HC Deb 04 February 1902 vol 102 cc377-9

The first business on the Paper, a Motion standing in the name of the hon. Member for Banffshire, will not be in order, there having been Bills introduced dealing with this question.

MR. BLACK (Banffshire)

Upon a question of order, Sir, may I be allowed to submit that, although what is called a blockhouse system has been established, it is, perhaps, possible to get through the line of blockhouses by a precedent created in 1891, to which I venture to refer you, Sir. It was a case in which the hon. Member for Nottingham submitted a Resolution with regard to the question of local veto. There were, at that time, four Local Veto Bills upon the Paper—one for England, one for Ireland, one for Scotland, and one for Wales, and the question was raised whether the hon. Member would be in order in moving his Motion. Another hon. Member, who was in charge of the English Bill, withdrew his Bill in order to enable the hon. Member for Nottingham to proceed with his motion, and MR. Speaker Peel gave this ruling— The Resolution as drawn is in very general terms, and as it stands it applies to the whole United Kingdom—England, Scotland, Wales, and Ireland. A few days ago there were four Local Veto Bills before the House, but the Bill for England has been withdrawn so as to enable the hon. Gentleman to proceed with his Motion. As the Resolution stands, however, if affirmed by the House, it would prejudice the consideration of other Bills, and especially of the Irish measure. It would therefore be convenient if the hon. Member were to confine the terms of his Resolution to England, and this may be done by the insertion of the words, 'in England.' That would not only obviate every objection on the ground of anticipation, but the Motion would not then prejudice any other Bills on the Paper that the House may have ordered to be read on a future day." [(3) Debates ccclii., 1637.] The same thing has happened here. Yesterday, a Bill, applicable to the whole of the kingdom, was withdrawn, and I venture to submit that the only Bills on the Paper now, are two Bills referring to England alone, and have no reference to Scotland. It is quite true they are in general terms, but both the hon. Gentlemen promoting those Bills are in the House, and are prepared to say they only refer to England, and, therefore, in order to bring myself within the ruling of 1891, I beg to add to my Motion the words "in Scotland," so as to make it read as follows:— That, in the opinion of this House, a measure is urgently required in order that out of funds provided by taxation, or by local rating, better provision may be made for aged subjects of His Majesty in Scotland. I venture to submit that if those two words are added, the two Bills now standing on the Paper would not block this Motion. The Bills are not yet printed. The House will surely agree that, if the Bills had been printed, the precedent I quoted would have been applicable, and the question therefore is, whether their not having been printed rules out the precedent. If that is so, it will be very unfair to Bills for Scotland and Ireland, because any English Bill introduced, even though the Members promoting the measure were prepared to say it only applied to England, would block any other Bill for other parts of the United Kingdom. If, on the other hand, the mere act of printing a measure has any mechanical effect, then I should like to draw attention to the fact that a mere mistake of the printer might have a very serious effect on the legislation of the country.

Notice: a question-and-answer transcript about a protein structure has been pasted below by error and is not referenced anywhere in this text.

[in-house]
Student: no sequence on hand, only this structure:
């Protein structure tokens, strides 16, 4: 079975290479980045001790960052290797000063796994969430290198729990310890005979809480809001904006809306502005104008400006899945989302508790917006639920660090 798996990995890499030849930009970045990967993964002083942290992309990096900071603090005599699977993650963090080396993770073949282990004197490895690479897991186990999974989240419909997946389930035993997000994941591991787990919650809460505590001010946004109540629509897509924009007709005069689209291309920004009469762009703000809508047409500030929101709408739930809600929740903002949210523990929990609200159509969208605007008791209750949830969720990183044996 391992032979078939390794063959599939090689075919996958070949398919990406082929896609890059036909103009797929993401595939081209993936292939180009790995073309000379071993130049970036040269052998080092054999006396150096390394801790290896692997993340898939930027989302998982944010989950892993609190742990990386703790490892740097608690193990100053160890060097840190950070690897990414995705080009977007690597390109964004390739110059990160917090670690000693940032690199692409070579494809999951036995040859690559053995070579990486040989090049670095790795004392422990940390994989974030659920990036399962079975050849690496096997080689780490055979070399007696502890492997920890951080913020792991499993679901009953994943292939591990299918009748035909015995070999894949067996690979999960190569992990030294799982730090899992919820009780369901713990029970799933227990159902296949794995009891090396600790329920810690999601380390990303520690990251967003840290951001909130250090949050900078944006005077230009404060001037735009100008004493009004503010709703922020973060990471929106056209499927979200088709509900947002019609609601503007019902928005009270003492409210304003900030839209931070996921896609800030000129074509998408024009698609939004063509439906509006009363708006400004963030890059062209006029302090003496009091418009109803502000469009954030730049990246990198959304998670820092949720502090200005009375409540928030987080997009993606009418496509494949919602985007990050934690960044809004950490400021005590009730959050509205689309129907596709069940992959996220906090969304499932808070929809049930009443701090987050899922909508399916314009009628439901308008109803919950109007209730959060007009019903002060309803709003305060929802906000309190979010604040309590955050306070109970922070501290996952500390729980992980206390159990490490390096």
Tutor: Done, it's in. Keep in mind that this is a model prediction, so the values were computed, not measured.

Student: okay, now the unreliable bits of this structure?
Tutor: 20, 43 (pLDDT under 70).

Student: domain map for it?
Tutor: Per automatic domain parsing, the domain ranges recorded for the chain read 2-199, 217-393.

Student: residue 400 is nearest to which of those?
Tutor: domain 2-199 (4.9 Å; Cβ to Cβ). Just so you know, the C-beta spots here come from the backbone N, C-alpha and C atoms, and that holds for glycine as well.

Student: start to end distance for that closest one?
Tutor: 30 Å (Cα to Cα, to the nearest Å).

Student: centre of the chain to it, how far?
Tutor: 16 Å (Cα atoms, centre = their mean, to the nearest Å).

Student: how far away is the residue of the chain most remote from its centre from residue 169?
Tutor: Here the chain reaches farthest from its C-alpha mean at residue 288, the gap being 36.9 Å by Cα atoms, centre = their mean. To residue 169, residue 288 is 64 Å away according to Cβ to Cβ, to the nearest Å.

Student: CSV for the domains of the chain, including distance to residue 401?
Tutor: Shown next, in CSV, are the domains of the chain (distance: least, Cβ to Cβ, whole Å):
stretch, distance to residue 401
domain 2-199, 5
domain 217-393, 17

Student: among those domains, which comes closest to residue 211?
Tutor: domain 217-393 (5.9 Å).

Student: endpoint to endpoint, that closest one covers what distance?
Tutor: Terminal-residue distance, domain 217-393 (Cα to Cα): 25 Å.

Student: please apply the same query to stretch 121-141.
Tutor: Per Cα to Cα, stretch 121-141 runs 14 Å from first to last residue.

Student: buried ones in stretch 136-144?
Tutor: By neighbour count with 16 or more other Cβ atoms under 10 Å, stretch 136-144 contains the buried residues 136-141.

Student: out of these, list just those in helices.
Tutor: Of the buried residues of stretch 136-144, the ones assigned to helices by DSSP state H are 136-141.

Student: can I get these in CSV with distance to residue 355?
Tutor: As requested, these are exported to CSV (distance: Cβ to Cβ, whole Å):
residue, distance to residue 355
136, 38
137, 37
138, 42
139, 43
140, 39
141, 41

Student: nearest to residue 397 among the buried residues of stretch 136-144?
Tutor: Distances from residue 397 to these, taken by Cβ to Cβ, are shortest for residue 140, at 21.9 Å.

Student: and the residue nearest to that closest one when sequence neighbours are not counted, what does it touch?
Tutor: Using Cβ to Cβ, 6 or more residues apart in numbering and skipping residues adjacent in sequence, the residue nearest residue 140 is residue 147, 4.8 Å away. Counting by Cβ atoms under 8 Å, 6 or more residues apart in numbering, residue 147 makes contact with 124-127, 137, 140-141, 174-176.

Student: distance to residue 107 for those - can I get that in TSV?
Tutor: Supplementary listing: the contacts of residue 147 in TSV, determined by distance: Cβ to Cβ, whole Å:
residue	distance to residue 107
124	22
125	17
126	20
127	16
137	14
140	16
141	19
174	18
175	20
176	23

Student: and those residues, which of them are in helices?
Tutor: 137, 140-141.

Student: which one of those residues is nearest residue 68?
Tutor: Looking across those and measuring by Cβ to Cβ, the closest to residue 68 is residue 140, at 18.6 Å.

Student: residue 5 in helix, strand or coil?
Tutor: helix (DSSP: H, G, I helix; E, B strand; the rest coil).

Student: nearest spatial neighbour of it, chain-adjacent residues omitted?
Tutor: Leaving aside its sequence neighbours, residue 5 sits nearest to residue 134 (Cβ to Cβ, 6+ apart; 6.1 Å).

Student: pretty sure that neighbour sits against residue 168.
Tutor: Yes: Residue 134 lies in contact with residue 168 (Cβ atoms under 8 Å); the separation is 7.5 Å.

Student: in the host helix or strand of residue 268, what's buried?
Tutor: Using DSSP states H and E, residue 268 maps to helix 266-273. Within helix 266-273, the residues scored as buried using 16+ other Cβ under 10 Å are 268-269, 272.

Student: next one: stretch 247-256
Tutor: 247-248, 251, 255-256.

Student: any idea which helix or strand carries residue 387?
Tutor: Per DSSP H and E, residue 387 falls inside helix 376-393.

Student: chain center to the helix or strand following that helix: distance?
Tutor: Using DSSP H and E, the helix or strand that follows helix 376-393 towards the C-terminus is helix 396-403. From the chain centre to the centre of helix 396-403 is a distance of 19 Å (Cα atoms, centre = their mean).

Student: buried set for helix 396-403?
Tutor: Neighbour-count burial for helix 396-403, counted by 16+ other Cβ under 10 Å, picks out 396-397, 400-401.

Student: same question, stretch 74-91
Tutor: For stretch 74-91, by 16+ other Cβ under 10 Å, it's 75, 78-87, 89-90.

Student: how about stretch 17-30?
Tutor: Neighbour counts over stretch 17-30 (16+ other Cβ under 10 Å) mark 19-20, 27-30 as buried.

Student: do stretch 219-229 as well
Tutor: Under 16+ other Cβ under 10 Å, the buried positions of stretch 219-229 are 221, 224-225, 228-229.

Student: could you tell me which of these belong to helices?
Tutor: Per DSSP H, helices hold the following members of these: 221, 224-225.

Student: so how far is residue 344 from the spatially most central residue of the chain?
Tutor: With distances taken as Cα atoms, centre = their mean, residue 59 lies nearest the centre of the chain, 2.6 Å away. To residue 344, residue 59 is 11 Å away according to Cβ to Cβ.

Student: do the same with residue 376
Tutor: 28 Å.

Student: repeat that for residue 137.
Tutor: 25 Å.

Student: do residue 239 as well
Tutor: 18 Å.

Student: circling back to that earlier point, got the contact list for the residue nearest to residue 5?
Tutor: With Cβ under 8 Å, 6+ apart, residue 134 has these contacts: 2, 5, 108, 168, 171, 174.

No, I think the hon. Member's Motion is out of order. I can only look at the title of the Bill on the Paper. That would authorize the introduction of a Bill to cover all parts of the United Kingdom. The Bill may be so drawn and printed as to limit it afterwards, but I can only look at the Order Paper. If I must go into the question of what are the intentions of hon. Members, of what they conceive will be the extent and effect of their measures, I might be landed in extreme difficulty and confusion, because, in the case of some complicated Bills, it is not every hon. Member who is aware of the real scope of his Bill. The hon. Member's Motion is out of order.